Here is a placemat I made with a technique called “overshot” that can create intricate geometric patterns. To me, it was like magic. Sure, I made mistakes as always, but I’m pretty proud of how well it went. The one problem I ran into did not show up till I was all done. Apparently, I was not consistent in my technique because the first placemat was 21 inches, the second 22, and the last two were a whopping 23 inches! It had never occurred to me that the length would be variable. I guess it is logical but I’d just assumed that if you follow the pattern, you’ll get what you expect as a result. I guess when we use them I’ll be able to set out large plates, dessert bowls, and lots of special silverware and glasses. Everything will fit on these massive place settings!

I am now excited to start another of the projects for which I’d bought yarn a few months ago before the gardening chores took over my life. I feel confident that I can at least handle the loom, so that my inexperience will be my only major obstacle.

Another thing I was wishing for was to get started spinning and handling the sheep’s wool that was sheared back in April. I have it all cleaned and carded in nice soft batts in the closet. I took one batt and spun it up into 220 yards of 2-ply yarn. Then I decided to experiment with dying it in multiple shades. I found that you need to get the water down to a pH of about 4 in order for the dye to bond well with the fiber. I used vinegar for that and tested it with my husband’s wine-making test strips. Then I had to slowly bring up the water temperature with the wool in it because sudden temperature changes will shock wool and felt it up (or so they tell me.)

Next, I wanted to have the skein come out with a shifting color. I mixed the first color and soaked the wool till it had absorbed the dye. Then, I hung the skein from above and dangled the ends in the pot while I added a new color. This seemed to work pretty well. I washed it up really well afterwards to get the excess dye out and also because the wool was almost waxy with lanolin when I spun it and I needed to get that out to soften the fibers. When I went to hang it to dry, I untied too many of the ties and it got badly tangled, forcing me to spend an hour straightening it all out. I hope won’t make that mistake again, but it wasn’t the first time!

In the end, here is my first skein of variegated yarn. Now I have to decide if it is practical to dye all this yarn after it has been spun or whether I should do it in the batt form first and then spin it. So many things to learn!

Posted in Farm, Fiber crafts | Tagged , , | Leave a comment

Short Trip to the Market

One of the best thing about living here is that the produce section of our local market is just out the back door. I was thinking about what we need for the next few days of meals and decided to see what the farm still had to offer. Parsnips and carrots tonight! There were also a few summer squash ready to bring in, and a little cantaloupe for dessert. I think I’ll cut up a few of the last cucumbers for a healthy snack and bake some bread to eat with the raspberry jam I cooked up last night.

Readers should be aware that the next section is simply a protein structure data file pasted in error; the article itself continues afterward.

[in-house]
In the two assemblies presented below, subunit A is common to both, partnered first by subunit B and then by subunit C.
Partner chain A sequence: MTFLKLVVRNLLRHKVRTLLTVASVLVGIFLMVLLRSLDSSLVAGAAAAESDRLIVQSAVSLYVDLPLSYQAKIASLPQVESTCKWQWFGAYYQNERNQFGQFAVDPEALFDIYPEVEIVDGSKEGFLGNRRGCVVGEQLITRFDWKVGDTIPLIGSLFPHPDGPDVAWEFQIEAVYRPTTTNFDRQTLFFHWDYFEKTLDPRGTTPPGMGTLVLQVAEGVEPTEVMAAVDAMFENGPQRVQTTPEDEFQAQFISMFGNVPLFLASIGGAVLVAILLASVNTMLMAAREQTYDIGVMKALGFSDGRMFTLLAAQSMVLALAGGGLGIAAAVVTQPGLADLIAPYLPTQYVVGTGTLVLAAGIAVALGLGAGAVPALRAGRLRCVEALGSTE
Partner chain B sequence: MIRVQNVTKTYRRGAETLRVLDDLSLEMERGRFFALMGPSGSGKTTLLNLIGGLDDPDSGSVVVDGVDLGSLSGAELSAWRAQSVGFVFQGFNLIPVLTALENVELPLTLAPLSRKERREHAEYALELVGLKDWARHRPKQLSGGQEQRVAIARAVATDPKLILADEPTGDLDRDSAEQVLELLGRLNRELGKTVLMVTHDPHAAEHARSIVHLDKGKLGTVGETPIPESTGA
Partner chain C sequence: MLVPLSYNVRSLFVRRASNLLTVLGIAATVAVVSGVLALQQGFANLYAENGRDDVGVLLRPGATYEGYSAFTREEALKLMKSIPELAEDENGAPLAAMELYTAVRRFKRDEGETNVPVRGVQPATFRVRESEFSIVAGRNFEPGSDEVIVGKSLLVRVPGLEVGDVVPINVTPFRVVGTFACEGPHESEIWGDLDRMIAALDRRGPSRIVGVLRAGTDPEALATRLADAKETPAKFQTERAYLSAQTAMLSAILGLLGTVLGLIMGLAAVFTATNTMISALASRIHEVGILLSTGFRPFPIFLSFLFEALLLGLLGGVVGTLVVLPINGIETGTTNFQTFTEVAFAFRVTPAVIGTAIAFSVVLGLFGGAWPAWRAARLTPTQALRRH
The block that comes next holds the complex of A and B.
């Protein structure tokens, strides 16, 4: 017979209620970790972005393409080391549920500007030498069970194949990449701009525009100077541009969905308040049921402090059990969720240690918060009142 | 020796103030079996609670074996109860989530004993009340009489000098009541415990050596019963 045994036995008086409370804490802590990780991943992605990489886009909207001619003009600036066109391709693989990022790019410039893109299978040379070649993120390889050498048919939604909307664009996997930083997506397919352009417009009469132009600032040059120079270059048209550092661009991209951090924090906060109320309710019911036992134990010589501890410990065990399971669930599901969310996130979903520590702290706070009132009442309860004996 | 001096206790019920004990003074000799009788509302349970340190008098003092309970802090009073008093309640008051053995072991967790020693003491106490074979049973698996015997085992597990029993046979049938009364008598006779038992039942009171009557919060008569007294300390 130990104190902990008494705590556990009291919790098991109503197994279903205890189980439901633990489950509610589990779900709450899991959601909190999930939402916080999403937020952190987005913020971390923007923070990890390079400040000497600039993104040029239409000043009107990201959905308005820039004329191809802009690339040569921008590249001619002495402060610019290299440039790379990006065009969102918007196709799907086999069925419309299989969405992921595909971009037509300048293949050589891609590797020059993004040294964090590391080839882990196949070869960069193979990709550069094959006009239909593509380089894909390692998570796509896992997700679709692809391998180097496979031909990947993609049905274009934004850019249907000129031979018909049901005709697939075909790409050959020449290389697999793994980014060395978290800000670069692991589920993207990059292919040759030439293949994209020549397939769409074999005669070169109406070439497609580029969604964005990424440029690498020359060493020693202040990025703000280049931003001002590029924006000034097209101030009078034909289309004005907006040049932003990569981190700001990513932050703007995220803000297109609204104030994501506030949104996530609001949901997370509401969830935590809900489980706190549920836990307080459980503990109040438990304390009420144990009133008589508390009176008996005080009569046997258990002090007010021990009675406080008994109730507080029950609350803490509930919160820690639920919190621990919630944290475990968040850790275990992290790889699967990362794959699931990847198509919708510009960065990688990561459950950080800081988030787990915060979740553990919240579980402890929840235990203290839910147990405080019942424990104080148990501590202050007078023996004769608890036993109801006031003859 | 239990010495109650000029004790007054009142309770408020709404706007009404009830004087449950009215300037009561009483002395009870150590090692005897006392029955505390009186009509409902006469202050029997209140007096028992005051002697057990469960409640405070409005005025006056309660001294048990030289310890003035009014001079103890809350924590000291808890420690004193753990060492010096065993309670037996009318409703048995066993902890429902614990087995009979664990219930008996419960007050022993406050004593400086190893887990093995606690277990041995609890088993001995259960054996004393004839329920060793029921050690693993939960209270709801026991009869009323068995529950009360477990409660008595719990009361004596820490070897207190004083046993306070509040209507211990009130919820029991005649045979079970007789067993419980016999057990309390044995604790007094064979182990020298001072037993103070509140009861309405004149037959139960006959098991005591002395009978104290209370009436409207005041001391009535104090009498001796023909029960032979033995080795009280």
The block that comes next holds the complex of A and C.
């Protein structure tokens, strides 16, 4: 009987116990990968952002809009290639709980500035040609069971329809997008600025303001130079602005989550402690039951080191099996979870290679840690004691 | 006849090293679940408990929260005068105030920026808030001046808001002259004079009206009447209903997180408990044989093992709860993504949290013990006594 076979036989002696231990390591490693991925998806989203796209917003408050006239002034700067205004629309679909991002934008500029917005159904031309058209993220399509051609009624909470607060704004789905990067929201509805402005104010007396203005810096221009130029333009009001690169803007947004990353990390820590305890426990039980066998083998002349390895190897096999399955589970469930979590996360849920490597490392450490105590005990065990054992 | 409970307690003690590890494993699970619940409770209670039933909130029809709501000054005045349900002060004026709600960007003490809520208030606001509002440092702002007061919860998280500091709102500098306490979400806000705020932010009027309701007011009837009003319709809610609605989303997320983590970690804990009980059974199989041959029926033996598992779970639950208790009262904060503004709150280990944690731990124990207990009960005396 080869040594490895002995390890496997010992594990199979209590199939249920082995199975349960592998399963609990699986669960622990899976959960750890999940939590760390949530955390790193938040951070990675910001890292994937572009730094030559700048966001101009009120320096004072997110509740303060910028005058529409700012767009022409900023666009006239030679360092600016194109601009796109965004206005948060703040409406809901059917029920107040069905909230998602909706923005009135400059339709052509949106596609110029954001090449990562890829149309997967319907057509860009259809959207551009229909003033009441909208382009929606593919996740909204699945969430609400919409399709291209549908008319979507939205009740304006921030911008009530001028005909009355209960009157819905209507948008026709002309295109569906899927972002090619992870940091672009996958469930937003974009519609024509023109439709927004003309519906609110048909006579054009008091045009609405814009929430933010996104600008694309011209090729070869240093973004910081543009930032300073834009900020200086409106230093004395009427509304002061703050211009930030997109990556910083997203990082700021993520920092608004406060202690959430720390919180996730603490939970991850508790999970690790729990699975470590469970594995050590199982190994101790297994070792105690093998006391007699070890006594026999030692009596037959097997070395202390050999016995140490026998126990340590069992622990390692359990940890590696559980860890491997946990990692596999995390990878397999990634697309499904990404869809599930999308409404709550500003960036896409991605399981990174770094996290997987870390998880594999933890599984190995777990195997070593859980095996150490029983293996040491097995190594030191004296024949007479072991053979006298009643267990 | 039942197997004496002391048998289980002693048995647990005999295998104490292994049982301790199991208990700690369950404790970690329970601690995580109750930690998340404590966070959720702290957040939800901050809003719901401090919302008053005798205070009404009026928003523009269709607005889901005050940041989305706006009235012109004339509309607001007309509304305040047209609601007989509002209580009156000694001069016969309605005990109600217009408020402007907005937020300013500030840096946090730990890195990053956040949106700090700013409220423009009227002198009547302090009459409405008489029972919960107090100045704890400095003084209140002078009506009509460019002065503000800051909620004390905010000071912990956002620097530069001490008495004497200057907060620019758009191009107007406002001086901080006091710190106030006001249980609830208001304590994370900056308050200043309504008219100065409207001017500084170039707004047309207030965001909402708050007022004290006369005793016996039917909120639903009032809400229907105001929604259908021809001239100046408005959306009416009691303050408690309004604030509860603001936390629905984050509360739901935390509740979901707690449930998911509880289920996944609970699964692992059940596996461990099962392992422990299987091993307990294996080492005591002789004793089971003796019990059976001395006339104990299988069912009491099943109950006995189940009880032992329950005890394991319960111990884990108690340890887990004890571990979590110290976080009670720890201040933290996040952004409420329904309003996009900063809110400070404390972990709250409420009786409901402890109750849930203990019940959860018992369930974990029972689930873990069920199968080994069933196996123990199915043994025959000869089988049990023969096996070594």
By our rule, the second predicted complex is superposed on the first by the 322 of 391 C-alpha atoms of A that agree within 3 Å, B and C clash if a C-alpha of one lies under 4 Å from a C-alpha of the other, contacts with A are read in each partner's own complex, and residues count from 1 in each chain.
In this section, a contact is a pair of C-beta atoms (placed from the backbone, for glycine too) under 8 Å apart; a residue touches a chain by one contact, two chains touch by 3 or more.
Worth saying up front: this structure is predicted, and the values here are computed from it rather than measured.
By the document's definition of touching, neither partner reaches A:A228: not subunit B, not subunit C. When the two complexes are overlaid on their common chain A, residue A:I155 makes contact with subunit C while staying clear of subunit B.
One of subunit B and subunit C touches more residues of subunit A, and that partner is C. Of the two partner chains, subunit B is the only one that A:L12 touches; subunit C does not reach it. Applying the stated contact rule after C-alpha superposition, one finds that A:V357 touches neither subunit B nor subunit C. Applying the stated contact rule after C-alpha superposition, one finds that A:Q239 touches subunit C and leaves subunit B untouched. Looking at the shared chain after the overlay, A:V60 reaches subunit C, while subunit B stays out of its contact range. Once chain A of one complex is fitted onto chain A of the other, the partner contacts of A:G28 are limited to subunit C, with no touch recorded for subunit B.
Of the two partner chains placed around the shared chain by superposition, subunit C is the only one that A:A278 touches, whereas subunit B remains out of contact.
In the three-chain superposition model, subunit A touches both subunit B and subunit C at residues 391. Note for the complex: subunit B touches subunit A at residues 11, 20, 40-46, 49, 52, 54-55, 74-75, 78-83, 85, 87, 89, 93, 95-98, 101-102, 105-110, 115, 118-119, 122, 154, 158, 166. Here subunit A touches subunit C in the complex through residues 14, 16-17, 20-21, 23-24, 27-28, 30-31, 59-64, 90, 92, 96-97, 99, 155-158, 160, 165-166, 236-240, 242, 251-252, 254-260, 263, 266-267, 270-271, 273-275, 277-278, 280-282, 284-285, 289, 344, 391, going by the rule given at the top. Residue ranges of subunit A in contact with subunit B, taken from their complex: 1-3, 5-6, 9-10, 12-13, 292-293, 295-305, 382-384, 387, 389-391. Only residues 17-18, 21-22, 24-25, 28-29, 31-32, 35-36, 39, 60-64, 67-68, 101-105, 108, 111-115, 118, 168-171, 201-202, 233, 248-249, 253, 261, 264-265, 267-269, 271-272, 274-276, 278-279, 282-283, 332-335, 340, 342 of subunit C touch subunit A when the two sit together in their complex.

I picked the last four of the eight apples we got this year. I still don’t know how to tell if they are totally ripe, but they look done. Maybe a little Waldorf salad? I guess I’ll have to head back out and pick a little lettuce first and get it crisping up in the fridge.

In the wine aisle, I see about twelve gallons of white Michigan wine in the works. The yeast has done its job and the juice has been racked off into bottles to let the debris settle. It is very milky but once the old yeast by-products precipitate out it will be clear and beautiful. Making the wine is my husband’s project but I love helping to drink it.

The animals are not contributing much right now. The chickens haven’t laid an egg for a month! I did some research last night and this may be due to stress as the eight young hens try to find their place in the flock. Or, it could be a worm infestation. I sprinkled diatomaceous earth all around the run and the coop and added a little to their food. This is said to be a remedy for that problem. I did mysteriously lose one hen last week, so perhaps that is the cause. Either way, I have to go to the commercial market to bring home eggs now and it feels quite strange to have to put that on the grocery list.

The goat and sheep were quite pleased to receive the tops from the carrots and parsnips. Eddy is due to have his coat sheared in October. I can’t believe it is time already. With his last haircut being a professional buzz cut, it doesn’t seem as long as it usually is by shearing day. I will wait till later in the month and give it another half inch. I am still toying with the idea of having the ewes bred in November if I can find someone willing to do the job. Well, I mean, a ram would surely be willing, but it is his shepherd that I have to convince. I feel like I am soliciting.